Thursday, November 29, 2012


By Erin Jackson

Catfish was a documentary film that was a little unbelievable in 2010, and even more so in this profile linked, google-image searched 2012 lifestyle we lead. A young man, Nev, receives a few paintings from a little girl who saw some photos he took for a newspaper online and painted them for him. He keeps in touch with her and her family and soon forms a relationship with her older sister. When he tries to meet up with her, things begin to fall apart. The paintings were not those of a child prodigy, but those of a middle aged woman, who was also the person Nev thought was his 20-something girlfriend.
I had mixed feelings about it, as most of Nev's "discoveries" felt orchestrated and phony, and his upbeat, forgiving attitude felt disingenuous. So when I heard they would be making a series featuring people duped by others online, I was flummoxed. How would this transfer over to a series? How could he possibly find others in similar situations and present them this same way? The answer to these questions is a mixed bag. The faux DIY aesthetic aped from the film is a turn off. I still find it baffling that not only would someone create a years long fake persona but that someone would completely buy into it. And yet, after two episodes, I'm kind of hooked. The first episode followed a girl who thought she was dating a male model who, over the phone, sounded like a 12 year old boy. He kept giving preposterous reasons for not being able to meet up. This went on for a year, I think? Spoiler alert: he was not a male model. He was not a male. The girl who thought she was dating a male model kept asking "But wait, so, are you gay?" in a way that was bordering on a hate crime but then I realized that she wasn't homophobic, she just wanted to make sure that someone thought she was hot. After the "Catfish" told her that she might be bi-sexual maybe and that she thought she was good looking, everything was fine and they became friends. Which I think says a lot about these kinds of relationships. For everyone out there who is desperately lonely that they would create a false identity, there is someone equally self-obsessed and needy enough that they will believe anything as long as they are the center of someone's life.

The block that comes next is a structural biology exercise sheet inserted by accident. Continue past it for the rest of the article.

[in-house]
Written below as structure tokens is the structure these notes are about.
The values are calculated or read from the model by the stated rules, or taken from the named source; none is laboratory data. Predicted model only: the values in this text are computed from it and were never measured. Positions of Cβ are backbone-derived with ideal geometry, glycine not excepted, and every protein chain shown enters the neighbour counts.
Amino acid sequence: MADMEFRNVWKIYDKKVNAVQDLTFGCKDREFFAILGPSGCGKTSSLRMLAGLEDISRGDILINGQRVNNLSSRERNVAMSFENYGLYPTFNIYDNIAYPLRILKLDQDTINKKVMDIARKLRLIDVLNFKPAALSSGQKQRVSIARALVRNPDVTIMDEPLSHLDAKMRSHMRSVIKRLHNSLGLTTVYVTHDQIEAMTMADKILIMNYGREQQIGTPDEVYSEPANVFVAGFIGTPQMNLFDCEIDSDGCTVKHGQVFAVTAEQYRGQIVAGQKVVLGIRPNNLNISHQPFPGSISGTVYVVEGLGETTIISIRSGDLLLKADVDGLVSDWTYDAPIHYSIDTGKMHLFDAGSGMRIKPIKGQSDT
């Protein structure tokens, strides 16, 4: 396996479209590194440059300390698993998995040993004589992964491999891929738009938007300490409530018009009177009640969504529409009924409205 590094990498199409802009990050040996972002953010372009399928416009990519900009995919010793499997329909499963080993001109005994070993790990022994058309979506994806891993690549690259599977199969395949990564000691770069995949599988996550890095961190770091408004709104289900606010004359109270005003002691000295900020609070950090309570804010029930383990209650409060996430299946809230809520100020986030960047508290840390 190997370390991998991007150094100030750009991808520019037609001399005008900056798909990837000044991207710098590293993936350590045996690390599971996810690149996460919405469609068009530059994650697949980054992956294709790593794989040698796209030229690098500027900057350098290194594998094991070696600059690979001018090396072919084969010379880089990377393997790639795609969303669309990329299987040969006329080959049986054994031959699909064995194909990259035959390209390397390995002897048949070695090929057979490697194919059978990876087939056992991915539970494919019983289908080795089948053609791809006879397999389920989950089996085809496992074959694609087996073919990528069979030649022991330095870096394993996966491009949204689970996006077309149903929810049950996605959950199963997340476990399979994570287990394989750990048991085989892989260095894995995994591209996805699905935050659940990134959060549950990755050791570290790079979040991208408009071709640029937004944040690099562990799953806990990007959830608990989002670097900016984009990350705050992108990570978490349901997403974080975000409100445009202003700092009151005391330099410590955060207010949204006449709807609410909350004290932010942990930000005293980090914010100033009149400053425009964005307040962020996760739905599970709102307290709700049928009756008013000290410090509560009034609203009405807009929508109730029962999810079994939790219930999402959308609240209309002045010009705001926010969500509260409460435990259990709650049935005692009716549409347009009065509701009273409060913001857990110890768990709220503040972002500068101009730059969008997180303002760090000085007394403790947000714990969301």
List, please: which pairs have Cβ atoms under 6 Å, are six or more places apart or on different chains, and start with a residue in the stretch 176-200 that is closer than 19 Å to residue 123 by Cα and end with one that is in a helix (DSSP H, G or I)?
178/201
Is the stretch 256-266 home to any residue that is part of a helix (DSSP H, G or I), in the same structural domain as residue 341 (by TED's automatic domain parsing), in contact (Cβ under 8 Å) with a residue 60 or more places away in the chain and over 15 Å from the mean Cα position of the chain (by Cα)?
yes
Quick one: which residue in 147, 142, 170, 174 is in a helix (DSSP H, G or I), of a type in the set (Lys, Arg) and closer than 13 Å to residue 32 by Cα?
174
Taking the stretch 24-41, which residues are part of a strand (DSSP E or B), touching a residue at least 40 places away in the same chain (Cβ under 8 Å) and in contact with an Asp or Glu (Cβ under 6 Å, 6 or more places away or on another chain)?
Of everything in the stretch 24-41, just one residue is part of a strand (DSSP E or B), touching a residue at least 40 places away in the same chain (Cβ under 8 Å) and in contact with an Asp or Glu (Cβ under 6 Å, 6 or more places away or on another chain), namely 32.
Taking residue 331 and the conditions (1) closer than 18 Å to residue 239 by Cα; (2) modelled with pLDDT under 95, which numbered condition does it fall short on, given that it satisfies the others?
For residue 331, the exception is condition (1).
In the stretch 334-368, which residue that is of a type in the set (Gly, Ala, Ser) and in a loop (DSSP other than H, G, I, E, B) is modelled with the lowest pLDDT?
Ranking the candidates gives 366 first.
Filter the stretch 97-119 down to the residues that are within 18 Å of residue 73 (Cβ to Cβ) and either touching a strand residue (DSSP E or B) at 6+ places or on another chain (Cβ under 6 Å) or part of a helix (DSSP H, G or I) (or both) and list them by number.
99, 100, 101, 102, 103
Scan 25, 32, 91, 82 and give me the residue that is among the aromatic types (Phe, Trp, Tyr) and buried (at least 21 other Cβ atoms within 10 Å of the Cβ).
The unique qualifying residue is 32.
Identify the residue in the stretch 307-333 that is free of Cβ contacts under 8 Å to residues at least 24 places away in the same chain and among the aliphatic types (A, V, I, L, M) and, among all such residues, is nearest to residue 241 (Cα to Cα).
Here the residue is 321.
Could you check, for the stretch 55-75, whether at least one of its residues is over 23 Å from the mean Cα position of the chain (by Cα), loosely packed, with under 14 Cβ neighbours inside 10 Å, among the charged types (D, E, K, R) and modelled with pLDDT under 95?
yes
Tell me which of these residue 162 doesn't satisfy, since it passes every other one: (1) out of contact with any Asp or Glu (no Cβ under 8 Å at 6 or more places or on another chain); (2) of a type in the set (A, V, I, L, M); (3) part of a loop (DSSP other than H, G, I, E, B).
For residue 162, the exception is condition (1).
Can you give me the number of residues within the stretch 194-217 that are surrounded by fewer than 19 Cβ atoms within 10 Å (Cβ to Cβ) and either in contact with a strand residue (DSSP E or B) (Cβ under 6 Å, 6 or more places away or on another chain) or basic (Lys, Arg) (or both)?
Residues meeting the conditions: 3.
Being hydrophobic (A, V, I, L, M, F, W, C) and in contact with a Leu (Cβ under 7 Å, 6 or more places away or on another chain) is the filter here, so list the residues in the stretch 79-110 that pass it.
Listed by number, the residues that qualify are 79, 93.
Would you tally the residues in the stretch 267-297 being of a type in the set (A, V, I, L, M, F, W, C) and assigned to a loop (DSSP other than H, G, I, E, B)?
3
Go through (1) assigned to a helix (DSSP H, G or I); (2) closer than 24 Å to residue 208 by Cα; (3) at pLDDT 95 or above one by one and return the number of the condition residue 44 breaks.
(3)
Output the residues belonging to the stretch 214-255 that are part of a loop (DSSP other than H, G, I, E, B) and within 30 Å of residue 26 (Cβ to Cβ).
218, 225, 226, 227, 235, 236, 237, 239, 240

The second episode is a little different. The "Catfish-ee" is an exotic dancer who thinks she met another exotic dancer online. She says she loved that they were from the same world and didn't judge each other, but again, weird excuses for not meeting up and he only sent her four pictures. Oh, sweetie, no. The "Catfish" turns out to be a slightly older and rather rounder than her beloved "Scorpio" but they too became friends and she decides she needs some time to make some life changes and not wait around for a guy to change her life. Good for her.
I hope they can add some variety to their "Catfish-ees" since I half wonder if this isn't part of a larger Catfish scheme where Nev gets people to dupe pretty ladies so he can swoop in and get some sweet Catfish lovin'. I still can't believe there are enough of these stories to sustain a series, and yet each week, there's a fairly compelling, if not bloated and drawn out, story about people reaching out to other people in some sort of jacked up way. It's that "okay, that has to be it though, right?" feeling after each episode that will keep me watching (this week's episode features a 10 year long relationship, what?!), half-hoping it gets cancelled and half-hoping it keeps going on for years. You know, that feeling you get after pretty much every MTV reality show.

Erin Floyd Jackson has been BFFs with TV since she was a wee one when she would play TV Network Executive. She went to school to learn about how and why TV is the way it is and hopes to someday tear someone's creative vision down and re-edit it to her liking. In the meantime, she and her husband live in Huntsville, Alabama and they occasionally "blog" here ( when they are not geeking out over all the SCIENCE! in the Rocket City.

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